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What’s Happened to Guest Blogging?

For a number of years SEO and marketing companies have championed the value of guest blogging. It’s not hard to see why. It’s a great way to share your knowledge and experience with others in your field. It’s also an easy way to secure a relevant backlink to your blog, website or social media account. If you’re looking to increase your pageviews, enhance your reputation and strengthen your SEO profile then guest blogging has a lot going for it.

That is, perhaps, until now.

Matt Cutts, the head of Google’s webspam team, recently published a blog which would appear to signal the death of guest blogging. His controversial article, “The decay and fall of guest blogging for SEO”, bemoans the way that guest blogging has been abused by SEO companies:

“…Stick a fork in it: guest blogging is done; it’s just gotten too spammy. In general I wouldn’t recommend accepting a guest blog post unless you are willing to vouch for someone personally or know them well. Likewise, I wouldn’t recommend relying on guest posting, guest blogging sites, or guest blogging SEO as a linkbuilding strategy.”

This raises a number of questions for us. What’s happened to guest blogging to solicit this kind of response from an influential member of the Google team? How can I make sure that I’m not penalised for this kind of content? Should I continue to pursue guest blogging or look for alternatives?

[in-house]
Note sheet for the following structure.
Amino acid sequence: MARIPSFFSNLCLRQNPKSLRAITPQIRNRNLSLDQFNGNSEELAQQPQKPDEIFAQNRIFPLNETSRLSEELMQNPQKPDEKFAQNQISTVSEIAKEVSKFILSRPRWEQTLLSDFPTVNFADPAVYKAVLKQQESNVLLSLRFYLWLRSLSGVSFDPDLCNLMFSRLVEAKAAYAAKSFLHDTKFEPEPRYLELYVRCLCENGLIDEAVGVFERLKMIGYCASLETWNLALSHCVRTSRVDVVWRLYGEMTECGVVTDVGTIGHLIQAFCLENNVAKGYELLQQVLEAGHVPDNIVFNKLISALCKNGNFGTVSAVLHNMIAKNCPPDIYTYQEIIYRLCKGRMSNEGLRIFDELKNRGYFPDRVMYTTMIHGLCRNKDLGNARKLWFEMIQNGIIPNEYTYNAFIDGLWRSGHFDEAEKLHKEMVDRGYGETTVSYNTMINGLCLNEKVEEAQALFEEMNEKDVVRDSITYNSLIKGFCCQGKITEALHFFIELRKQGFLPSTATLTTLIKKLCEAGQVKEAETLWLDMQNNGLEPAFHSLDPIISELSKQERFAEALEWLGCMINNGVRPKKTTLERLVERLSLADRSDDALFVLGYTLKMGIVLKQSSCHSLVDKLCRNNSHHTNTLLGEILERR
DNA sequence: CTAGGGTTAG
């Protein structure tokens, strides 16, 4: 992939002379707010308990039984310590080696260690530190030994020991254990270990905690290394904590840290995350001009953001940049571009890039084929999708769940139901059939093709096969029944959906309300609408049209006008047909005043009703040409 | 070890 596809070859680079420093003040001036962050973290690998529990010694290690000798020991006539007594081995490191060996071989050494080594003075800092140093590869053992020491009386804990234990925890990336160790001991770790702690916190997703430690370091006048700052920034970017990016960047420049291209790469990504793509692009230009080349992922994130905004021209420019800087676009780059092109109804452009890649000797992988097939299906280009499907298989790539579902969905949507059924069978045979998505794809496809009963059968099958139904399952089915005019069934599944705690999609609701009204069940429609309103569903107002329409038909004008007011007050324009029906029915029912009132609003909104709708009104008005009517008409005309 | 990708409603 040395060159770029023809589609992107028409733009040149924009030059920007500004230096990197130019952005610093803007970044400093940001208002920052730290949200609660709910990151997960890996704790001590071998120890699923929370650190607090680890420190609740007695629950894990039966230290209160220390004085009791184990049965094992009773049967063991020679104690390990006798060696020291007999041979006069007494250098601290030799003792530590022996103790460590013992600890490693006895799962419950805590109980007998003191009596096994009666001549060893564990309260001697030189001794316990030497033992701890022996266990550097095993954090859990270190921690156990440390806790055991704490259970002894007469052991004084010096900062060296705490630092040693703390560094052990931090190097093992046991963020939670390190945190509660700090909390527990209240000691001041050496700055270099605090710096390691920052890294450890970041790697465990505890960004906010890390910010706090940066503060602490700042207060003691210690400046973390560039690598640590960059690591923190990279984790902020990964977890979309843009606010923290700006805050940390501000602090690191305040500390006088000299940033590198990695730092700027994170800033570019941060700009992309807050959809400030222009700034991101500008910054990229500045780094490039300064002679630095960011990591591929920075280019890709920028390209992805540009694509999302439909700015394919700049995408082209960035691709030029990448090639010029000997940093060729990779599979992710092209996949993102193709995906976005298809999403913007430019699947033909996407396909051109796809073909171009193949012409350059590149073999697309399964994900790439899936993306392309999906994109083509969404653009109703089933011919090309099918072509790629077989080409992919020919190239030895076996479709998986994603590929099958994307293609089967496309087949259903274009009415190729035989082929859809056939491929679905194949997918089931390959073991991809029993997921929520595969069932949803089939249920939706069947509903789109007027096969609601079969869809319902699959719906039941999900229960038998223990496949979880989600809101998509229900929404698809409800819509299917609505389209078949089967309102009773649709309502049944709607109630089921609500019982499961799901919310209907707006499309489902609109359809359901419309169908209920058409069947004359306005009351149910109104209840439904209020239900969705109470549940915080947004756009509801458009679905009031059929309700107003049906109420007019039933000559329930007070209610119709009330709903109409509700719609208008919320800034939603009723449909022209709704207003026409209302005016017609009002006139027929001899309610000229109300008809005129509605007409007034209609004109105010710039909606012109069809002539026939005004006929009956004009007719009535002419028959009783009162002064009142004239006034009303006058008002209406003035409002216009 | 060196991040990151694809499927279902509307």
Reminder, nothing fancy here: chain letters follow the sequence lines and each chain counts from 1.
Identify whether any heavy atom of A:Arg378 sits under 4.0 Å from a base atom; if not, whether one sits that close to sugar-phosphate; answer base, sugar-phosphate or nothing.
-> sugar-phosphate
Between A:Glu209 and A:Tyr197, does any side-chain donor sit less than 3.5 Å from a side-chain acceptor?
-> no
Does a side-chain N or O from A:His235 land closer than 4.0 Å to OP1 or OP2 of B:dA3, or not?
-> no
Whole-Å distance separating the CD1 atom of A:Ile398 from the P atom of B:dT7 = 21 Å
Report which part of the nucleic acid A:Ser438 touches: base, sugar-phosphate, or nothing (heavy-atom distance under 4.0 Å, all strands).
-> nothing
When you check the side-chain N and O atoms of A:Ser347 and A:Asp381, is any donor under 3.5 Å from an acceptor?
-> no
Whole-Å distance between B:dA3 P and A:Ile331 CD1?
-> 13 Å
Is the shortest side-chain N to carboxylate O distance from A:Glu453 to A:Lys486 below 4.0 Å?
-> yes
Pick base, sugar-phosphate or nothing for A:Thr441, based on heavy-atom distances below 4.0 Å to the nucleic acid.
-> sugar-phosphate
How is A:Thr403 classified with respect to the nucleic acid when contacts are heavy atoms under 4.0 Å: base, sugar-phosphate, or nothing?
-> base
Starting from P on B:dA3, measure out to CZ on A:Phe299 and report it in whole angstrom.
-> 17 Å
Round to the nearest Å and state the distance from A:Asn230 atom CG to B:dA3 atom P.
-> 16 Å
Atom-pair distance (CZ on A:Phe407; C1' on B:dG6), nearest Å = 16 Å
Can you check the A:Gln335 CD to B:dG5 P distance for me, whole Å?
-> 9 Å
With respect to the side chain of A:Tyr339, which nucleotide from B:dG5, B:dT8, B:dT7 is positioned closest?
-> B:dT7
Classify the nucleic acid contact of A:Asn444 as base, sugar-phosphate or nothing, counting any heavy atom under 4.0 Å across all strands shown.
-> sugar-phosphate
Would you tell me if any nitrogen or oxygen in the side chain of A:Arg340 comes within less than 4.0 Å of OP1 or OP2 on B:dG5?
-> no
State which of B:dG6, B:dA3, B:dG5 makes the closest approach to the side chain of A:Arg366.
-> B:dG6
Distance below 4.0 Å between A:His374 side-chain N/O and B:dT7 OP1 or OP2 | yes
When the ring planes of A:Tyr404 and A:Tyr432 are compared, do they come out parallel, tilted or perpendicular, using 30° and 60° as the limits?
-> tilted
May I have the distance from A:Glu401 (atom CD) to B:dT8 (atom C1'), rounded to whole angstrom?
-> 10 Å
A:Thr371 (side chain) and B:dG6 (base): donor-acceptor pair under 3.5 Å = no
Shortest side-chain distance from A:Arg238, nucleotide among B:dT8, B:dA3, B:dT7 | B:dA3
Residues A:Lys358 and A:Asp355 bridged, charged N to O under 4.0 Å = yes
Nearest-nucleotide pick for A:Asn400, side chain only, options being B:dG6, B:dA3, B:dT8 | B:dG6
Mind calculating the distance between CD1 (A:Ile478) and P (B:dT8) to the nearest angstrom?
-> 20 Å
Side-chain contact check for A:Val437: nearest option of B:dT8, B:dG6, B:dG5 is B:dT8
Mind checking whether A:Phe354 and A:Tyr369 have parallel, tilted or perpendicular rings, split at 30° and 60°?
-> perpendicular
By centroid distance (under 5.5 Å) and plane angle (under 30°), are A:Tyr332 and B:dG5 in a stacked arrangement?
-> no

What’s Happened to Guest Blogging?

In a nutshell, Matt Cutts’ article is targeted at what he would call low-quality, spammy guest blogging. He makes it clear that Google will not reward this kind of content with a higher profile in the search engine results pages. Cutts’ advice is that this kind of policy should not be expected to deliver significant SEO results.

However, it’s important to realise that guest blogging is not dead. In fact, Cutts’ article is intended to reiterate the guidelines that should be applied to this kind of content. He puts it this way:

“I’m not trying to throw the baby out with the bath water. There are still many good reasons to do some guest blogging (exposure, branding, increased reach, community, etc.). Those reasons existed way before Google and they’ll continue into the future.”

There are many, many good reasons to be involved with guest blogging. It’s a great way to get talented, informative people to add value to your blog or website. It offers excellent opportunities to collaborate with others. Furthermore, if you’ve got something important or informative to say, guest blogging and sharing this expertise with others in your industry can add significant value to your brand and reputation.

In conclusion then, there are two answers to the question about what’s happened to guest blogging.

On the one hand, we know that Google and other search engines will continue to clamp down on low-quality content.

However, high-quality guest blogging will remain a vital part of effective digital marketing. Including guest blogging as part of your wider SEO strategy will help to ensure that you give your business every opportunity to connect with a wider audience and ultimately reach more customers.